(function() { (function(){function b(g){this.t={};this.tick=function(h,m,f){var n=void 0!=f?f:(new Date).getTime();this.t[h]=[n,m];if(void 0==f)try{window.console.timeStamp("CSI/"+h)}catch(q){}};this.getStartTickTime=function(){return this.t.start[0]};this.tick("start",null,g)}var a;if(window.performance)var e=(a=window.performance.timing)&&a.responseStart;var p=0=c&&(window.jstiming.srt=e-c)}if(a){var d=window.jstiming.load; 0=c&&(d.tick("_wtsrt",void 0,c),d.tick("wtsrt_","_wtsrt",e),d.tick("tbsd_","wtsrt_"))}try{a=null,window.chrome&&window.chrome.csi&&(a=Math.floor(window.chrome.csi().pageT),d&&0=b&&window.jstiming.load.tick("aft")};var k=!1;function l(){k||(k=!0,window.jstiming.load.tick("firstScrollTime"))}window.addEventListener?window.addEventListener("scroll",l,!1):window.attachEvent("onscroll",l); })();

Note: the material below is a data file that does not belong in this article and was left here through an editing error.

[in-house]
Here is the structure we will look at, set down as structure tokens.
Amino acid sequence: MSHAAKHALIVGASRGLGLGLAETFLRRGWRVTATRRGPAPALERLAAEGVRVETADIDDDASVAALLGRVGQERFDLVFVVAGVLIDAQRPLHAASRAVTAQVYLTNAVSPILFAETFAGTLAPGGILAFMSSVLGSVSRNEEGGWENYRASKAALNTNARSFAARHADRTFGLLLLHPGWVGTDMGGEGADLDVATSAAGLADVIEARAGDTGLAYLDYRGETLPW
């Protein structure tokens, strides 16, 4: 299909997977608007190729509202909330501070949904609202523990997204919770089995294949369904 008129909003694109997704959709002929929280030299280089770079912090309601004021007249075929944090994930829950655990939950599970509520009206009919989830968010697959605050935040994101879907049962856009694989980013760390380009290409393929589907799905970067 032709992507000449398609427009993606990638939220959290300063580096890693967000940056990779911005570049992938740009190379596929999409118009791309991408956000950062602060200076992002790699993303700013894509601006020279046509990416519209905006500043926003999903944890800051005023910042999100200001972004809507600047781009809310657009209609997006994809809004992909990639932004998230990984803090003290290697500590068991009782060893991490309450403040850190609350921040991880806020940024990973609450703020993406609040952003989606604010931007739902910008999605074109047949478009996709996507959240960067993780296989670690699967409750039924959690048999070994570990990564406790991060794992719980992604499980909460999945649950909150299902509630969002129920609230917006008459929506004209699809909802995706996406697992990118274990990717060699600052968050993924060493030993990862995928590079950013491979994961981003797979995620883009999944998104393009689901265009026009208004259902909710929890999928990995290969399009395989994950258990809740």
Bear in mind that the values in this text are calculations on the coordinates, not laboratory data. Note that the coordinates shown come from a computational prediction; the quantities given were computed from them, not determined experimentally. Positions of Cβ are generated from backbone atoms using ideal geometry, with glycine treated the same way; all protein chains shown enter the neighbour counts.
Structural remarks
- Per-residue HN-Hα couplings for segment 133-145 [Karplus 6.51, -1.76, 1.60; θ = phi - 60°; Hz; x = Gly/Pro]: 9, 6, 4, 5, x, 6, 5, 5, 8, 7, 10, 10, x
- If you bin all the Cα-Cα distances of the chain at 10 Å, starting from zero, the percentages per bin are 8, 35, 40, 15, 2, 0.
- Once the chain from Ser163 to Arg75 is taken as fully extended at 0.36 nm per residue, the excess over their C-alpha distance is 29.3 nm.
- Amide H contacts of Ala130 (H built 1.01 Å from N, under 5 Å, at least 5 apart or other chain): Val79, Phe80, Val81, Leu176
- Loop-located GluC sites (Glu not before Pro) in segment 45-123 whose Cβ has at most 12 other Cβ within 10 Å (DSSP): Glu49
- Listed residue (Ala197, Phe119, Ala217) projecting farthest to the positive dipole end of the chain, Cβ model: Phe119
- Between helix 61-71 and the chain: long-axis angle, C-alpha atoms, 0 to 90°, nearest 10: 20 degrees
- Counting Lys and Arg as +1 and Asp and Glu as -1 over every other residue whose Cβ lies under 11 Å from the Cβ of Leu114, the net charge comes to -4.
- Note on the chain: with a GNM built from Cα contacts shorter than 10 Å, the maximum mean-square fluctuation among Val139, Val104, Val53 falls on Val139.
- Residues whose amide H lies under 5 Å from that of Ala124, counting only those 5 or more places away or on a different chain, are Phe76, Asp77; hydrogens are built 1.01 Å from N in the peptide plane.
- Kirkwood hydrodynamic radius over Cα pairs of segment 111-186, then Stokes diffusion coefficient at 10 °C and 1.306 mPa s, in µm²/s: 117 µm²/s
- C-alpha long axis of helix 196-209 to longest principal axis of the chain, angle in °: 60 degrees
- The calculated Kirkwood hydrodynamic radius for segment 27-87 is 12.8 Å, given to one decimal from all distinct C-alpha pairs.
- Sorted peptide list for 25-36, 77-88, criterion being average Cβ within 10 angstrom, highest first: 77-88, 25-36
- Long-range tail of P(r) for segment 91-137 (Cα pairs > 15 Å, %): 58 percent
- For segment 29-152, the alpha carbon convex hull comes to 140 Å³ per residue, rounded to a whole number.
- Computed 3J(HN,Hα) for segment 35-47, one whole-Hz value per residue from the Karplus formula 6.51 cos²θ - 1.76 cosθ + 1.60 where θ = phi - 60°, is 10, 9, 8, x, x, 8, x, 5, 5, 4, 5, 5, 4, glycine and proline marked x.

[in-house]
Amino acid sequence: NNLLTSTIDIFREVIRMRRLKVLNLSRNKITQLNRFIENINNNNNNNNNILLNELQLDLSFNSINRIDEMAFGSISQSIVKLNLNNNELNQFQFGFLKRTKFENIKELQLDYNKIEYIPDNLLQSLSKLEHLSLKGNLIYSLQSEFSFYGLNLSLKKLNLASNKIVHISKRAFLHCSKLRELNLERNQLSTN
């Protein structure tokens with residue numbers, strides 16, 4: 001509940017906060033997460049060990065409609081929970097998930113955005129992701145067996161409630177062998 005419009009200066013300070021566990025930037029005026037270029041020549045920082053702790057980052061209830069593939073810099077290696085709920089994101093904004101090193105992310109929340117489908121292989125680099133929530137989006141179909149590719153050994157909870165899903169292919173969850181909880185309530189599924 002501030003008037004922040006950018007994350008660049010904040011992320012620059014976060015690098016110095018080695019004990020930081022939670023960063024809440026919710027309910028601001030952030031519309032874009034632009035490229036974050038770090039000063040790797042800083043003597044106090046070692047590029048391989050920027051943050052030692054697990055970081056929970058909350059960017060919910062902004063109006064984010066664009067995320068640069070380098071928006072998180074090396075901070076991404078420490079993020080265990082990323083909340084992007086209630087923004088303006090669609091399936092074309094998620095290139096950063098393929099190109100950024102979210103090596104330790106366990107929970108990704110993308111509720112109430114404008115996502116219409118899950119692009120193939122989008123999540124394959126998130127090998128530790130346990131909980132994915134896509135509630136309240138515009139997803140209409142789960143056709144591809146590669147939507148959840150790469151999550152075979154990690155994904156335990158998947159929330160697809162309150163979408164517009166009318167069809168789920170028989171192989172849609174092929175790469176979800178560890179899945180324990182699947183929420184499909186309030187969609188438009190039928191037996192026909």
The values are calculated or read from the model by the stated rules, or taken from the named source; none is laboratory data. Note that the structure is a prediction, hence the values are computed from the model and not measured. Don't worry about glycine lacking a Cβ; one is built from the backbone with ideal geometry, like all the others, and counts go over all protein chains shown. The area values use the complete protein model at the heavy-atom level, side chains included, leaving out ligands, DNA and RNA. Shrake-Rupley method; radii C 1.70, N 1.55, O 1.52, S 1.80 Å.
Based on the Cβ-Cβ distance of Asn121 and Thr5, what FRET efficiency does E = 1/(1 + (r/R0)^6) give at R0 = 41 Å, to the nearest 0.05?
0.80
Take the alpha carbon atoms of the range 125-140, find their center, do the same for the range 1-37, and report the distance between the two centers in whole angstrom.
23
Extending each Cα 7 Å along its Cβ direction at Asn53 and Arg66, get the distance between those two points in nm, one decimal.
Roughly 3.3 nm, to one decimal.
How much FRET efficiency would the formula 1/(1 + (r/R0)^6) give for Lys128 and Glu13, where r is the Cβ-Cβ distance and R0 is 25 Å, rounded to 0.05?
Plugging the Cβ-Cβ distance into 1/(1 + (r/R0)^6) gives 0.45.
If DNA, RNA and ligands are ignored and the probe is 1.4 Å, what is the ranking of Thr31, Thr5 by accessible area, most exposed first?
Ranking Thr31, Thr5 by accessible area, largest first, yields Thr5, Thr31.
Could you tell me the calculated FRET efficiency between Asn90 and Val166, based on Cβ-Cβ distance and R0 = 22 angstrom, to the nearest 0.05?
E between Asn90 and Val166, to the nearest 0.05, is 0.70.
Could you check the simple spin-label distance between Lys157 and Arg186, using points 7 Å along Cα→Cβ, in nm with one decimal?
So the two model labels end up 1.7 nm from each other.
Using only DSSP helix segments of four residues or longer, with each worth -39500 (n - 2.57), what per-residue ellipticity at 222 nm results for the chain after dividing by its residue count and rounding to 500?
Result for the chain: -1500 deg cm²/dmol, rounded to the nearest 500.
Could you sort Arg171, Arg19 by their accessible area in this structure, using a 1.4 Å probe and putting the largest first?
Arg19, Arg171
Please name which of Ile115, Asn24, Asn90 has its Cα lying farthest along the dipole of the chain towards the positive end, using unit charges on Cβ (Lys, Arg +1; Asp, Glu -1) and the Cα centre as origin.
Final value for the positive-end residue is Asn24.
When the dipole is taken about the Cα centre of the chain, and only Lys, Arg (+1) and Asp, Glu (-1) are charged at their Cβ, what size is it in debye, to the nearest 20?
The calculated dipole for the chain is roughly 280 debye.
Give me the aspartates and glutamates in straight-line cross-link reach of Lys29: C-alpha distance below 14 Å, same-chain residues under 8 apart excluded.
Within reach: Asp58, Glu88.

M. Bakri Musa

Seeing Malaysia My Way

My Photo
Location: Morgan Hill, California, United States

Malaysian-born Bakri Musa writes frequently on issues affecting his native land. His essays have appeared in the Far Eastern Economic Review, Asiaweek, International Herald Tribune, Education Quarterly, SIngapore's Straits Times, and The New Straits Times. His commentary has aired on National Public Radio's Marketplace. His regular column Seeing It My Way appears in Malaysiakini. Bakri is also a regular contributor to th eSun (Malaysia). He has previously written "The Malay Dilemma Revisited: Race Dynamics in Modern Malaysia" as well as "Malaysia in the Era of Globalization," "An Education System Worthy of Malaysia," "Seeing Malaysia My Way," and "With Love, From Malaysia." Bakri's day job (and frequently night time too!) is as a surgeon in private practice in Silicon Valley, California. He and his wife Karen live on a ranch in Morgan Hill. This website is updated twice a week on Sundays and Wednesdays at 5 PM California time.

Saturday, December 10, 2005

Persistence Personified - Mansor Puteh

Persistence Personified – Mansor Puteh
[Reprinted from the Sun Weekend Edition, Dec 9, 2005.]